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beyond the time necessary, keeping in view the cause which led to their seeking refuge.

ARTICLE 14.-The contracting parties mutually agree to surrender, upon official requisition, to the authorities of each, all persons who, being charged with the crimes of murder, piracy, arson, robbery, forgery, or the utterance of forged paper, committed within the jurisdiction of either, shall be found within the territories of the other ; provided that this shall only be done upon such evidence of criminality as, according to the laws of the place where the person so charged shall be found, would justify his apprehension and commitment for trial if the crime had there been committed; and the respective judges and other magistrates of the two governments shall have authority, upon complaint made under oath, to issue a warrant for the apprehension of the person so charged, that he may be brought before such judges or other magistrates respectively, to the end that the evidence of criminality may be heard and considered; and if on such hearing the evidence be deemed sufficient to sustain the charge, it shall be the duty of the examining judge or magistrate to certify the same to the proper executive authority, that a warrant may issue for the surrender of such fugitive. The expense of such apprehension and delivery shall be borne and defrayed 'y the party who makes the requisition and receives the fugitive.

ARTICLE 15.--So soon as steam or other mail packets under the flag of either of the contracting parties shall have commenced running between their respective ports of entry, the contracting parties agree to receive at the post-offices of those ports all mailable matter, and to forward it as directed, the destination being to some regular post-office of either country; charging thereupon the regular postal rates as established by law in the territories of either party receiving said mailable matter, in addition to the original postage of the office whence the mail was sent. Mails for the United States shall be made up at regular intervals at the Hawaiian post-office, and dispatched to ports of the United States, the postmasters, at which ports shall open the same, and forward the inclosed matter as directed, crediting the Hawaiian Government with their postages as established by law and stamped upon each manuscript or printed sheet.

All mailable matter destined for the Hawaiian Islands shall be received at the several post-offices in the United States, and forwarded to San Francisco or other ports on the Pacific coast of the United States, whence the postmasters shall dispatch it by the regular mail-packets to Honolulu, the Hawaiian Government agreeing on their part to receive and collect for, and credit the post-office department of the United States with, the United States rates charged thereupon. It shall be optional to prepay postage on letters in either country, but postage on printed sheets and newspapers shall in all cases be prepaid. The respective post-office departments of the contracting parties shall, in



their accounts, which are to be adjusted annually, be credited with all dead letters returned.

ARTICLE 16.-.-The present treaty shall be in force from the date of the exchange of the ratifications for the term of ten years, and further, until the end of twelve months after either of the contracting parties shall have given notice to the other of its intention to terminate the same, each of the said contracting parties reserving to itself the right of giving such notice at the end of the said term of ten years, or at any subsequent term.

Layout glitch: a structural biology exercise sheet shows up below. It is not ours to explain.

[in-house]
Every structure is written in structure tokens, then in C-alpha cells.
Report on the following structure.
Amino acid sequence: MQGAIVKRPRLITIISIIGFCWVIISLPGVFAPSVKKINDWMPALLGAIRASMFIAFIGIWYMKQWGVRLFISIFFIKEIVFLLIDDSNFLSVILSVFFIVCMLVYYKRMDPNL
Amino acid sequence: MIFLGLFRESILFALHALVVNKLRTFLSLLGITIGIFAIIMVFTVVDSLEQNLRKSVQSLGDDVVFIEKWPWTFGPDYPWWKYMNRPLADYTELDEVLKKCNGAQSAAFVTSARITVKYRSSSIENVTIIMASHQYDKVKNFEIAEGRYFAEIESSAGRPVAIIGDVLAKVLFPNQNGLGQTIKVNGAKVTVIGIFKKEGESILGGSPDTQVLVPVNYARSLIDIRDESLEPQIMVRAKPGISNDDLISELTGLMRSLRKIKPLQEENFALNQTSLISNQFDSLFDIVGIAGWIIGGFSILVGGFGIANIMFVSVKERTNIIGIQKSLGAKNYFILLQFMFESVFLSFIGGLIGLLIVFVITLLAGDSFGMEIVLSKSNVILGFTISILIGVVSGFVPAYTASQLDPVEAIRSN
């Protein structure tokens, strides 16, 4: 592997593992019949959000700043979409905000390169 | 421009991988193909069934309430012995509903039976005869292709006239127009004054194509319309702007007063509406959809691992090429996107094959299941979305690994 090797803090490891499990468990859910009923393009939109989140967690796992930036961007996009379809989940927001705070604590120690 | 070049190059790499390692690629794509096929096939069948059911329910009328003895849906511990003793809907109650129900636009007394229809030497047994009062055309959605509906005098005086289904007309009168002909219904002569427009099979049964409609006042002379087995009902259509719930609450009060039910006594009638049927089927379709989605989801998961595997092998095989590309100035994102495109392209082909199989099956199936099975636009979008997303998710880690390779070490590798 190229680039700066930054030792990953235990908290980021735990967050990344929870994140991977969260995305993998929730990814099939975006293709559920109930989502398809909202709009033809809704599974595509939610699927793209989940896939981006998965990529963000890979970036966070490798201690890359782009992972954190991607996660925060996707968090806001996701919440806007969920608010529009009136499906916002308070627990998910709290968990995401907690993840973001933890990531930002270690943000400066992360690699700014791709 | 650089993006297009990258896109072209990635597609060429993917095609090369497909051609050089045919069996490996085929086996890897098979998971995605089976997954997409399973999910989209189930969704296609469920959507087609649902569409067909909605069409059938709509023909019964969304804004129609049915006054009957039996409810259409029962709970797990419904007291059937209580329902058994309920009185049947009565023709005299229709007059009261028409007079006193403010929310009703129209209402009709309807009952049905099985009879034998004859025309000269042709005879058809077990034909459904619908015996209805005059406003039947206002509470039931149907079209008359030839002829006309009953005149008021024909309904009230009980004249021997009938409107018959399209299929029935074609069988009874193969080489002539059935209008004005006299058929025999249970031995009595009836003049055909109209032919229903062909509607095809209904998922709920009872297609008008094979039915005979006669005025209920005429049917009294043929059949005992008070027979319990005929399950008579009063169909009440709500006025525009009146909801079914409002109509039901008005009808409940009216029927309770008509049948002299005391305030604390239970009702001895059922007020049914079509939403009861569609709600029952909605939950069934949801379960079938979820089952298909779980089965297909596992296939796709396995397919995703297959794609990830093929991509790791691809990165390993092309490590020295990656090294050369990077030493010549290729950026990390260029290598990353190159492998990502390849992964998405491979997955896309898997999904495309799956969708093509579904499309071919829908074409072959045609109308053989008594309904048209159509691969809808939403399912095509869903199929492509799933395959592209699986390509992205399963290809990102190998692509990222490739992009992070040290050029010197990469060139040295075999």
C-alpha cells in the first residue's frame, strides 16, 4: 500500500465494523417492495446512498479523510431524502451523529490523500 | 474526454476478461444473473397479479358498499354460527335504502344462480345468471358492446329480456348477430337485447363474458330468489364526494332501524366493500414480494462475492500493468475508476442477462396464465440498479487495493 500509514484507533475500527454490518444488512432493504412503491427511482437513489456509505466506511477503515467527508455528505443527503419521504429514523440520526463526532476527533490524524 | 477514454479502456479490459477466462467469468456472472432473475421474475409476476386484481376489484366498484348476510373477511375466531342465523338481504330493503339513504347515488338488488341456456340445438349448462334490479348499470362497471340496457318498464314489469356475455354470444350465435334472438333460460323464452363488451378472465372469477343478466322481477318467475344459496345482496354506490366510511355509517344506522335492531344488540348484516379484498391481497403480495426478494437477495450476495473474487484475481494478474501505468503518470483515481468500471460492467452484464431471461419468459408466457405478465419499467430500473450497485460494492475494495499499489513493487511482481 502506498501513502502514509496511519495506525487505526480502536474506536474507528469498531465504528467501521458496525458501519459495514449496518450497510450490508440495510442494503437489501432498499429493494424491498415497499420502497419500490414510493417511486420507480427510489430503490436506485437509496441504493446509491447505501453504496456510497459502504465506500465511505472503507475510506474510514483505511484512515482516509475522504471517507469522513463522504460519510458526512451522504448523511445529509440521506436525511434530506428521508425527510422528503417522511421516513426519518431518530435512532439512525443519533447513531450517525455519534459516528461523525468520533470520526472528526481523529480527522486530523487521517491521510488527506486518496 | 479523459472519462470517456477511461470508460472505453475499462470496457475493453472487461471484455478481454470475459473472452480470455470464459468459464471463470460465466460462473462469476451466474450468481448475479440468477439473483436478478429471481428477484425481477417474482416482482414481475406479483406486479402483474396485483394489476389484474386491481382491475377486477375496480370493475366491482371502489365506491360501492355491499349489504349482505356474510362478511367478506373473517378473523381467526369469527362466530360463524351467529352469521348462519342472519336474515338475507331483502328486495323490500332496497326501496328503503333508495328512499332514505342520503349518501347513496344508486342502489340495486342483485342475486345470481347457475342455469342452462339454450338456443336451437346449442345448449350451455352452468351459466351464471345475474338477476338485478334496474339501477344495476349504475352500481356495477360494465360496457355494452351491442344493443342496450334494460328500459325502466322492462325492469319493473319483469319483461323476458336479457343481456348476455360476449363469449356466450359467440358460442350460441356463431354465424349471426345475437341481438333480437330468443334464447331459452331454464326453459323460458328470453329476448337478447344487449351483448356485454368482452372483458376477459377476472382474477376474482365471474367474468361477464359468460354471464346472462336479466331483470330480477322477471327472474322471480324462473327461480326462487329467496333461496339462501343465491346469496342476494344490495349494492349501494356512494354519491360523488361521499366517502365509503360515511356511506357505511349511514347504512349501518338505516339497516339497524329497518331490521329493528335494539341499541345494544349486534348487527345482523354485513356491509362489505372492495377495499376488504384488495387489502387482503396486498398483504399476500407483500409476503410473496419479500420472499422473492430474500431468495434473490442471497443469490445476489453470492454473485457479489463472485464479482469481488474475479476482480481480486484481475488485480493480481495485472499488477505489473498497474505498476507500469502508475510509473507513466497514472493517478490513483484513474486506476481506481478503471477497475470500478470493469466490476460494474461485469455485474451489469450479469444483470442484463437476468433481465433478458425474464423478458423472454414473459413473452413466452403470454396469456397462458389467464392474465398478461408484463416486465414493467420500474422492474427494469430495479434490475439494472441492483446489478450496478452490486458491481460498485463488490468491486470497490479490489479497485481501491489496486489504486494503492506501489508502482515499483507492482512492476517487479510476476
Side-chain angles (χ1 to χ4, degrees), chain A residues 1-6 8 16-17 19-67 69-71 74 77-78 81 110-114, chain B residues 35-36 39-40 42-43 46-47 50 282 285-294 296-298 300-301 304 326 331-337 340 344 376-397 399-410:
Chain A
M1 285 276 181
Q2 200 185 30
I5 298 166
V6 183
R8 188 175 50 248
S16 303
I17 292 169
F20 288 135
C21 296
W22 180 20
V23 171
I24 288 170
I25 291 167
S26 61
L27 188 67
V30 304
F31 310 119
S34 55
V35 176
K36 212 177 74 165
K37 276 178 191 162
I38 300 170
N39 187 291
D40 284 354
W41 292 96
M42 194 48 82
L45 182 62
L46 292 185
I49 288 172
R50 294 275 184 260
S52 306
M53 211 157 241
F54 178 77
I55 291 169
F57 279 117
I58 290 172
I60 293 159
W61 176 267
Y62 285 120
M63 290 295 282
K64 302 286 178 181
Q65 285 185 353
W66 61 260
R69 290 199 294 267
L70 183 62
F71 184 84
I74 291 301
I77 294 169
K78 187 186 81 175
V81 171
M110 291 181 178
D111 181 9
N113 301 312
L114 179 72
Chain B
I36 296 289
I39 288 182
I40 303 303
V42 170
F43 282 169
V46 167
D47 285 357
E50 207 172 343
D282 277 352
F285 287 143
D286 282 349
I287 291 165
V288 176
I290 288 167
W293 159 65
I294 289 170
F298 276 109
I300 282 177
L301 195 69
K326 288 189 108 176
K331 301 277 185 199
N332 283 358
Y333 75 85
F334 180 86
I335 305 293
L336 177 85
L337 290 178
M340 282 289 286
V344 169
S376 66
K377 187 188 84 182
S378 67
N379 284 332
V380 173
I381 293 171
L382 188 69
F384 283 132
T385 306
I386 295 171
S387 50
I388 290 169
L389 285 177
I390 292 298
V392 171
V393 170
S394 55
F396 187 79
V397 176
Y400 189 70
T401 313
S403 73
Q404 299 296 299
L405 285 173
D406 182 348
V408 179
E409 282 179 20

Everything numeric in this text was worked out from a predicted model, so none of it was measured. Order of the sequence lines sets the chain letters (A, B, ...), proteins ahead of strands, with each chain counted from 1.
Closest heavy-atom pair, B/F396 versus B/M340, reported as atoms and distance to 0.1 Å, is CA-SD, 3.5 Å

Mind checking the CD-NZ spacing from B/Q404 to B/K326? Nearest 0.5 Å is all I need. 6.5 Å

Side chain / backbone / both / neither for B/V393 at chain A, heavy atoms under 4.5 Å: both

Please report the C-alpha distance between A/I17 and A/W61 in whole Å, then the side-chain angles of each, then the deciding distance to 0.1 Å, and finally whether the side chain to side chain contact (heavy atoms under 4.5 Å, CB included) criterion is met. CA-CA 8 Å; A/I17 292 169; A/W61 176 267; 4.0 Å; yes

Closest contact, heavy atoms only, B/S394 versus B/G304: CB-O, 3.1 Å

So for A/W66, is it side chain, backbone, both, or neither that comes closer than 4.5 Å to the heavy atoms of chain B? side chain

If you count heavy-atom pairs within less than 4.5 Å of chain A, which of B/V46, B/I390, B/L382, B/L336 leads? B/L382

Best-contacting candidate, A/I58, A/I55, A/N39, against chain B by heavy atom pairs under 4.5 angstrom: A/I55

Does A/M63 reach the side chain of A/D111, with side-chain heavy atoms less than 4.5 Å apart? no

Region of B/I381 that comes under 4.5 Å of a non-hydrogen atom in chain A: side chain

Any citizen or subject of either party infringing the articles of this treaty shall be held responsible for the same, and the harmony and good correspondence between the two governments shall not be interrupted thereby, each party engaging in no way to protect the offender or sanction such violation.

ARTICLE 17.-The present treaty shall be ratified by the President of the United States of America, by and with the advice and consent of the Senate of the said States, and by His Majesty the King of the Hawaiian Islands, by and with the advice of his Privy Council of State, and the ratifications shall be exchanged at Honolulu within eighteen months from the date of its signature, or sooner if possible.

In witness whereof, the respective plenipotentiaries have signed the same in triplicate, and have thereto affixed their seals. Done at Washington, in the English language, the twentieth day of December, in the year one thousand eight hundred and forty-nine.


And whereas we have carefully examined all the points and articles thereof, by and with the advice of our Privy Council of State, we have confirmed and ratified the foregoing treaty, and we do confirm and ratify the same in the most effectual manner, promising on our faith and word as King, for us and our successors, to fulfil and observe it faithfully and scrupulously in all its clauses.

In faith of which we have signed this ratification with our own hand, and have affixed thereto the great seal of our kingdom. Given at our palace of Honolulu, this nineteenth day of August, in

of our Lord one thousand eight hundred and fifty, and in the twenty-fifth of our reign.


the year

By the King and the Premier.


Minister of Foreign Relations.


We the undersigned, Robert Crichton Wyllie, Minister of Foreign Relations of his Majesty the King of the Hawaiian Islands, and Charles Bunker, Consul of the United States for Lahaina, having been authorized by our respective governments to exchange the ratifications of the treaty of friendship, commerce, and navigation between his Hawaiian Majesty and the United States, concluded and signed at Washington, on the twentieth day of December, one thousand eight hundred and forty-nine, certify,

That we have this day met for that purpose, and after comparing the said ratifications each with the other, and both with the original of said treaty, have effected the exchange accordingly.

In witness whereof, we have signed this certificate, at Honolulu, this twenty-fourth day of August, one thousand eight hundred and fifty, and have thereunto affixed our respective seals.


NOTE A, p. 196. The late researches of Professor Agassiz into the world of corals naturally suggest the inquiry whether the coral insect may not yet be employed by man for the construction of sea-walls and reefs, in places within or near the tropics, where they are needed. He has succeeded in obtaining living specimens of the coral zoophyte, and carefully preserving them so as to study at his leisure their habits and motions. Why, then, as we employ the silkworm and furnish it with food and material to spin for us our silks, and as we plant and form beds of oysters in favorable locations, where we please, why may we not also employ the agency of the coral lithophyte to lay the foundations, for instance, of a light-house, or to form a breakwater where one is needed ? Such a practical result is by no means improbable from the minute and scientific observations now making upon the busy little builders of the deep.